This may sound funny, but I have always felt bad about the way I broke up with someone in high school. It was more than 40 years ago now, but every time I think about it, my stomach lurches a little. Would it be insane to try and reach out to this person and apologize?
Safe and sorry
Apologies are always welcome, no matter how much time has gone by. Even if this person wasn’t injured by your break up, they will appreciate the concern behind the apology. You may even strike up a new friendship. And if they never write back, that’s fine too. You can let it go knowing you made the effort.
As a side note, in my experience, things from the past that weigh on my mind are often not even remembered by the person I believe I wronged (thank God!). However, that should not stop you. When I think about all the apologies I wish I’d gotten from the jerks who broke up with me … oh jeez, I just realized … I hope you weren’t one of them! But if a long lost apology did come to me in the mail, I would appreciate it most sincerely!
My co-worker has a bowl of candy at her desk. Sometimes there are M&Ms in there, sometimes hard candies, sometimes Skittles. It served many purposes: a nice treat any time you wanted it, a place to gather and see colleagues, a gesture of kindness from the giver.
Then came the pandemic, and now all I can think of is the germs that are passed from hand to candy and candy to hand, since they are not always individually wrapped. I’ve thought about saying something to the co-worker, but I’m not sure it’s my place to object. What do you think?
Hungry but hesitant
Your instincts are excellent! It is not your place to object. Unless you work at Nickelodeon, I’m gonna assume all your colleagues are grown-ups and can thereby make their own decisions, be they germy or sterile. Don’t think of that candy dish as something you need to avoid and thereby lose your sweet morsel in the middle of a blah day, think of it as a small amount of germs that will tune up your immune system.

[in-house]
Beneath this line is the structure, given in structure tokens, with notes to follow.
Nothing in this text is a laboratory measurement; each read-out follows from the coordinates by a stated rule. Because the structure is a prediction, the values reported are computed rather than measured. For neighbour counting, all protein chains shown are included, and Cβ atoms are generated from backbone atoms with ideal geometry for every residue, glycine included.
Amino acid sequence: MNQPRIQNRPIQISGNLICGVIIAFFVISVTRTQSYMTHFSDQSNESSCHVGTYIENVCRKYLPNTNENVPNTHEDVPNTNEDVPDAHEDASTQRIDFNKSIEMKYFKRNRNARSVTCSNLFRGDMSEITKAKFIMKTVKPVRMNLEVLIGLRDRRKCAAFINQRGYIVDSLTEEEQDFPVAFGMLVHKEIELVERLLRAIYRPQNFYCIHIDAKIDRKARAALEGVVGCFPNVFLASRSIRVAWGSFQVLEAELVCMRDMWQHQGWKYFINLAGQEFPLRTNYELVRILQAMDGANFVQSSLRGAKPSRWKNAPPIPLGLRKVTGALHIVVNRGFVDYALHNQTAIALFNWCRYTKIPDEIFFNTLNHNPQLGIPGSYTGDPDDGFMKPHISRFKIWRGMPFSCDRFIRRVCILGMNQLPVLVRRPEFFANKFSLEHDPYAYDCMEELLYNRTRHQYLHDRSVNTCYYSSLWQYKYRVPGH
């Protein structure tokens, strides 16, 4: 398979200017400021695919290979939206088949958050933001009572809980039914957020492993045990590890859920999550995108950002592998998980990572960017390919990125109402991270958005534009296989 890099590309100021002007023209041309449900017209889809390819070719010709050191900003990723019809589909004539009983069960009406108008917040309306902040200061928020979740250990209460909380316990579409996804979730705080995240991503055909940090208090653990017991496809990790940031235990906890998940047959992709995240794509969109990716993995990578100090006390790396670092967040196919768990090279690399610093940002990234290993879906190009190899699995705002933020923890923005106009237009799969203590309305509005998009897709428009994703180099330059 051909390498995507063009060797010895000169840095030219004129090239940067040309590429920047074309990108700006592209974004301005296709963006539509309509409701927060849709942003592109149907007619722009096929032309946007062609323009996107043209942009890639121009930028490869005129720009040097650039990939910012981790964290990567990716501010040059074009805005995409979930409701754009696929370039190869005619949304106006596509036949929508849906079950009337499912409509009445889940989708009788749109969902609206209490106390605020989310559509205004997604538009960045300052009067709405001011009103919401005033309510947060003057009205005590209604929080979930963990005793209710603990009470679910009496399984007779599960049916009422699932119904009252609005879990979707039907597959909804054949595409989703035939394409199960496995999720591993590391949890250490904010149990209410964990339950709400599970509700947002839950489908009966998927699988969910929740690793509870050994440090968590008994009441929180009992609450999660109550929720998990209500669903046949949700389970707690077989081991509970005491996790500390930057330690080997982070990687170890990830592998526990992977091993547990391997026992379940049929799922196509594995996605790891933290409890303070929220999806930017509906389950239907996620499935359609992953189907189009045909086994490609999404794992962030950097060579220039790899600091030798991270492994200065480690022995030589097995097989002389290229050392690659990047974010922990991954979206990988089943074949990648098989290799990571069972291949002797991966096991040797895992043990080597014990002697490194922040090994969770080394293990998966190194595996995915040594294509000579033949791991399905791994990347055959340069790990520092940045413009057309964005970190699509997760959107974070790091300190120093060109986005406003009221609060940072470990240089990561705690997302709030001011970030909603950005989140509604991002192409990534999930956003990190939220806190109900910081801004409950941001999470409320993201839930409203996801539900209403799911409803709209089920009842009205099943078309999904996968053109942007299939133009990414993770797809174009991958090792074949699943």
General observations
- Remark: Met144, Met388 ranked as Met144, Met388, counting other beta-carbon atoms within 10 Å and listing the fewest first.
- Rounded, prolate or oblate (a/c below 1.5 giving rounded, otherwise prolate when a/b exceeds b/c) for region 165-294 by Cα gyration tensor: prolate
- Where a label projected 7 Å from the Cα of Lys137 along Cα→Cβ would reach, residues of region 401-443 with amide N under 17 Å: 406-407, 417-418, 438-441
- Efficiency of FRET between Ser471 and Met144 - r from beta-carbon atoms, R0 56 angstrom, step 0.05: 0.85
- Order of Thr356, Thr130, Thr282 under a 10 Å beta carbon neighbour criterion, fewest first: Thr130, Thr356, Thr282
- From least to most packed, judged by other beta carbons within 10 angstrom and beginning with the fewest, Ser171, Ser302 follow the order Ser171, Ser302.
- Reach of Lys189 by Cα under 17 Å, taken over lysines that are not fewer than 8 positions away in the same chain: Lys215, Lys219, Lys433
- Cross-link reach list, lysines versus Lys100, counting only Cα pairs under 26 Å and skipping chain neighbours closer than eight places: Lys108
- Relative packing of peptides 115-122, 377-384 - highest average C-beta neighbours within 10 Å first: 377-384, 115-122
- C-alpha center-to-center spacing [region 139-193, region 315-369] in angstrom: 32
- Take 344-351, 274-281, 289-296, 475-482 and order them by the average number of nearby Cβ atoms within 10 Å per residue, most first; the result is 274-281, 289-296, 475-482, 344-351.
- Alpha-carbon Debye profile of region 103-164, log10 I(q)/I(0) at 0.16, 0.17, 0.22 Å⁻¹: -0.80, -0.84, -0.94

And if that grosses you out, which is understandable (I just don’t share that feeling, since I once stole a roll off someone else’s used hotel room service tray – don’t judge!), skip the sweets altogether and bring your favorite soda to the gabfest. Win-win!
My teenagers have no interest in learning how to drive. To give them the benefit of the doubt, they are self-sufficient and don’t ask me for rides all the time. But still, I had to beg my parents to take me driving, and I couldn’t WAIT to get my license and be independent. I don’t get it. What is with this generation?
Aliens in the house
I wish I knew! (Dear readers, fill me in!) Getting that first set of car keys felt like a coronation! But if being long in the tooth has taught me anything, it’s that every generation does it their own way. Given the world we’ve handed our children, and the way they’re scrambling to try to improve it, I’d say be grateful for fewer fender benders and lower premiums on your insurance policy!
Dear Gabby appears in the RoundTable every Monday. Yes, Gabby is an advice columnist – but not just any advice columnist. Because that would be boring! Gabby combines wisdom with wit. And a pinch of snark. She is not a trained therapist by any means, but has seen and loved many in her day. Her aim is to make you think while she makes you laugh. Gabby welcomes all questions and queries and is only too happy to hear your opinion, no matter how much it may diverge from hers. Write to Gabby at firstname.lastname@example.org.